Comic Book Review – Manhattan Projects #16
*Slight Spoilers Below*
Most people who journey into Jonathan Hickman’s books get lost within the high concept landscape.
I too am a wayward sheep.
Manhattan Projects #16 isn’t as heavy as other issues, however, it still takes a few reads to really get a grasp on what’s happening. In this chapter, we find Oppenheimer torturing our band of misfits to gain information on the multitude of “projects” in existence. While the characters sit in a cell waiting to be confronted by their captor (Oppenheimer), we see Einstein and Fenyman sleeping next to each other in the cell. While they sleep, their consciousnesses are on the hunt for alien lifeform brains in another realm. It’s unclear how this is happening since they aren’t near theÂ time lockÂ that’s been used in previous issues to “teleport” to other realms. This loose thread is bound to get tied up later down the road but this occurrence that gets tied into the cliffhangerÂ is a bit confusing.
Another bit of confusionÂ stems from the diary snippets that are used asÂ breaks throughout this series. In this issue, we get three snippets that mention four individual projects, none of which have yet to be explained in the course of the series as far as I can remember.Â I understand that Hickman uses theseÂ snippetsÂ as parts of a whole and as a vehicle to slowly unearth the events that are taking place but they seem to add uncertainty to the events taking place in the actual books. As a reader, they pull me out of the drama instead of pulling me in.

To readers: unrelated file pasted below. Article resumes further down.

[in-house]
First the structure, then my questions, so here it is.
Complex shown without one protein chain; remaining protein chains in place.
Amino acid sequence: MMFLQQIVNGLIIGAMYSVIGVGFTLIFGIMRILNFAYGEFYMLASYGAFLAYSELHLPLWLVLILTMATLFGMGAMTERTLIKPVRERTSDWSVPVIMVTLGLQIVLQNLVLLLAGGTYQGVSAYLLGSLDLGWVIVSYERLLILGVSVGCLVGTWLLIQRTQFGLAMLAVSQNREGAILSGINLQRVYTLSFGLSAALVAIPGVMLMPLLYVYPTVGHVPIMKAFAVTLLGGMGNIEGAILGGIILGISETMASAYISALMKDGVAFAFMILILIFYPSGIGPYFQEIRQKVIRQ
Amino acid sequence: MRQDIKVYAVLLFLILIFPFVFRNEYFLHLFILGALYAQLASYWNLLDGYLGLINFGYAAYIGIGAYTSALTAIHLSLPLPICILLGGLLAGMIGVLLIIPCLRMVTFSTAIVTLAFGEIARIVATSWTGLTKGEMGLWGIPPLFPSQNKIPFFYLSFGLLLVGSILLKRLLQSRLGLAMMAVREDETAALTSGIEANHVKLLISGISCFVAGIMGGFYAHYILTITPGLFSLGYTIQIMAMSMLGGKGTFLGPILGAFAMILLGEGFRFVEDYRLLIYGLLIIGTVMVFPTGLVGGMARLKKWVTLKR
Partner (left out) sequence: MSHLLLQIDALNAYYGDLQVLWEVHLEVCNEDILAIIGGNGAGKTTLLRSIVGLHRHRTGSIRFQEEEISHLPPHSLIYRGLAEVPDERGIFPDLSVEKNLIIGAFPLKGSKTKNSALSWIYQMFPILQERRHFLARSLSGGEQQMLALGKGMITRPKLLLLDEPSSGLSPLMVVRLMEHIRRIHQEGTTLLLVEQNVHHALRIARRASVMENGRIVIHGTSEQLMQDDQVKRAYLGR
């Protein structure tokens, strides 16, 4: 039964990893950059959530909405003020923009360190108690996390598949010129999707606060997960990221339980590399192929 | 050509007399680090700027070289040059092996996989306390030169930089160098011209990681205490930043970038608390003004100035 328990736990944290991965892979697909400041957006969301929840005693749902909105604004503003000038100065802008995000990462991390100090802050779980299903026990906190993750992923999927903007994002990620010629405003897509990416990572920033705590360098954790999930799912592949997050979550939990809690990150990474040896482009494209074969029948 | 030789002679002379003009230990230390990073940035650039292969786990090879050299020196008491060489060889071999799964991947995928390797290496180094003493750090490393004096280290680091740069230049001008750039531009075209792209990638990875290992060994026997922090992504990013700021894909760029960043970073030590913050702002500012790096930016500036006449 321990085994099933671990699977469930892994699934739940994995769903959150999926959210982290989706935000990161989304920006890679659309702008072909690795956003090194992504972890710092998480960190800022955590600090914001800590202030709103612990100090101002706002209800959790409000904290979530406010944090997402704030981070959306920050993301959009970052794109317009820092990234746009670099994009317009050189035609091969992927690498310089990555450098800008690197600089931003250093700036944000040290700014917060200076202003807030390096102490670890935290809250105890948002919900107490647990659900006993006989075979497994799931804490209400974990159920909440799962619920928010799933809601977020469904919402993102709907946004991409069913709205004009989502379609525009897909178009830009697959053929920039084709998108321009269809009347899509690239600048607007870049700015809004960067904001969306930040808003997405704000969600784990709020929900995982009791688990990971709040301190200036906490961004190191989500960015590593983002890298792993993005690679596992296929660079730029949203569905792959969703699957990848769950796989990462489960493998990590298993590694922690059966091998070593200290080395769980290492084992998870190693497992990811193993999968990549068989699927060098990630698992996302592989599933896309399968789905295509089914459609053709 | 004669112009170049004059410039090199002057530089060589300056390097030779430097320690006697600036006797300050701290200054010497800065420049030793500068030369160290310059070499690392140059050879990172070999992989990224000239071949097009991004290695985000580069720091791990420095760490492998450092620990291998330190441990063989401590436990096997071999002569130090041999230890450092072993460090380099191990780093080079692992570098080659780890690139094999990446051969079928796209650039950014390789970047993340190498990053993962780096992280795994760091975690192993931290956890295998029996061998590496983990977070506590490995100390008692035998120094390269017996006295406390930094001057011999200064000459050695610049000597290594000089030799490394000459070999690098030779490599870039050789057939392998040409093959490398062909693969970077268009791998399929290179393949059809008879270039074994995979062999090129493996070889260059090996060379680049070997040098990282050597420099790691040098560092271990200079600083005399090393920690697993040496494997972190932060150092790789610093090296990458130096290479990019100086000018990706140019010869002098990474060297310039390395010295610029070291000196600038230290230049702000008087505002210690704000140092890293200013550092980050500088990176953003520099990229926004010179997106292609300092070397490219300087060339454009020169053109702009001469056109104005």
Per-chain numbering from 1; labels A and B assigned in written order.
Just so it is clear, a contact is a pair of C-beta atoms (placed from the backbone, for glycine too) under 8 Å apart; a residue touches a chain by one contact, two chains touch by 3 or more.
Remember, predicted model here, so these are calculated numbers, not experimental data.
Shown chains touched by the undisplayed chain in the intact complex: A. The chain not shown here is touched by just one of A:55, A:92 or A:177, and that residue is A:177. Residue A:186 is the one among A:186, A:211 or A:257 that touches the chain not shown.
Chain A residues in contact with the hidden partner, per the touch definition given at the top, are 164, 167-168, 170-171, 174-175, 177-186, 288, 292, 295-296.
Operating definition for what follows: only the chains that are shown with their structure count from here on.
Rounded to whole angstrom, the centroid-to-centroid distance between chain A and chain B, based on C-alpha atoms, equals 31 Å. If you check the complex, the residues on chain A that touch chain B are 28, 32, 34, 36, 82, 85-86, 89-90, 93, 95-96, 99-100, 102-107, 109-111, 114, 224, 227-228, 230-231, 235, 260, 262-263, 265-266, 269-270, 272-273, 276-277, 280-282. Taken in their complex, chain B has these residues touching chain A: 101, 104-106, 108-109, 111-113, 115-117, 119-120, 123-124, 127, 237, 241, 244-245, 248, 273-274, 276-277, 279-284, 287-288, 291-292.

This comic’s highlightsÂ are all of the character interactions that take place throughout it. The characters areÂ confined to a small cell so we get some really fun and interestingÂ developments as they sit and keep each other company.Â These moments work so well becauseÂ all of the “sciencey bigness” of this book comes to a halt and we see these personalitiesÂ come to life and compliment each other. When you’re lost in Hickman’s maze of ideas, it’s nice to get a break once in a while.
Nick Pitarra’s art work is as great as ever in this book. Pittara spares no detail when it comes to body hair, scabs, spit, blood and chainsaw decals. His art carries emotion, movement and…a slight creepiness in the panels where the main characters look directly at you. It’s all a joy to take in.
Review Score: 5 (out of 7)Â All in all this is a solid read that uncovers some of the hidden character intentions all while preserving the trademark uncertainties of the book.All in all this is a solid read that uncovers some of the hidden character intentions all while preserving the trademark uncertainties of the book.
What did you think of issue? Let me know below in the comments or on Twitter (@theprophetlen)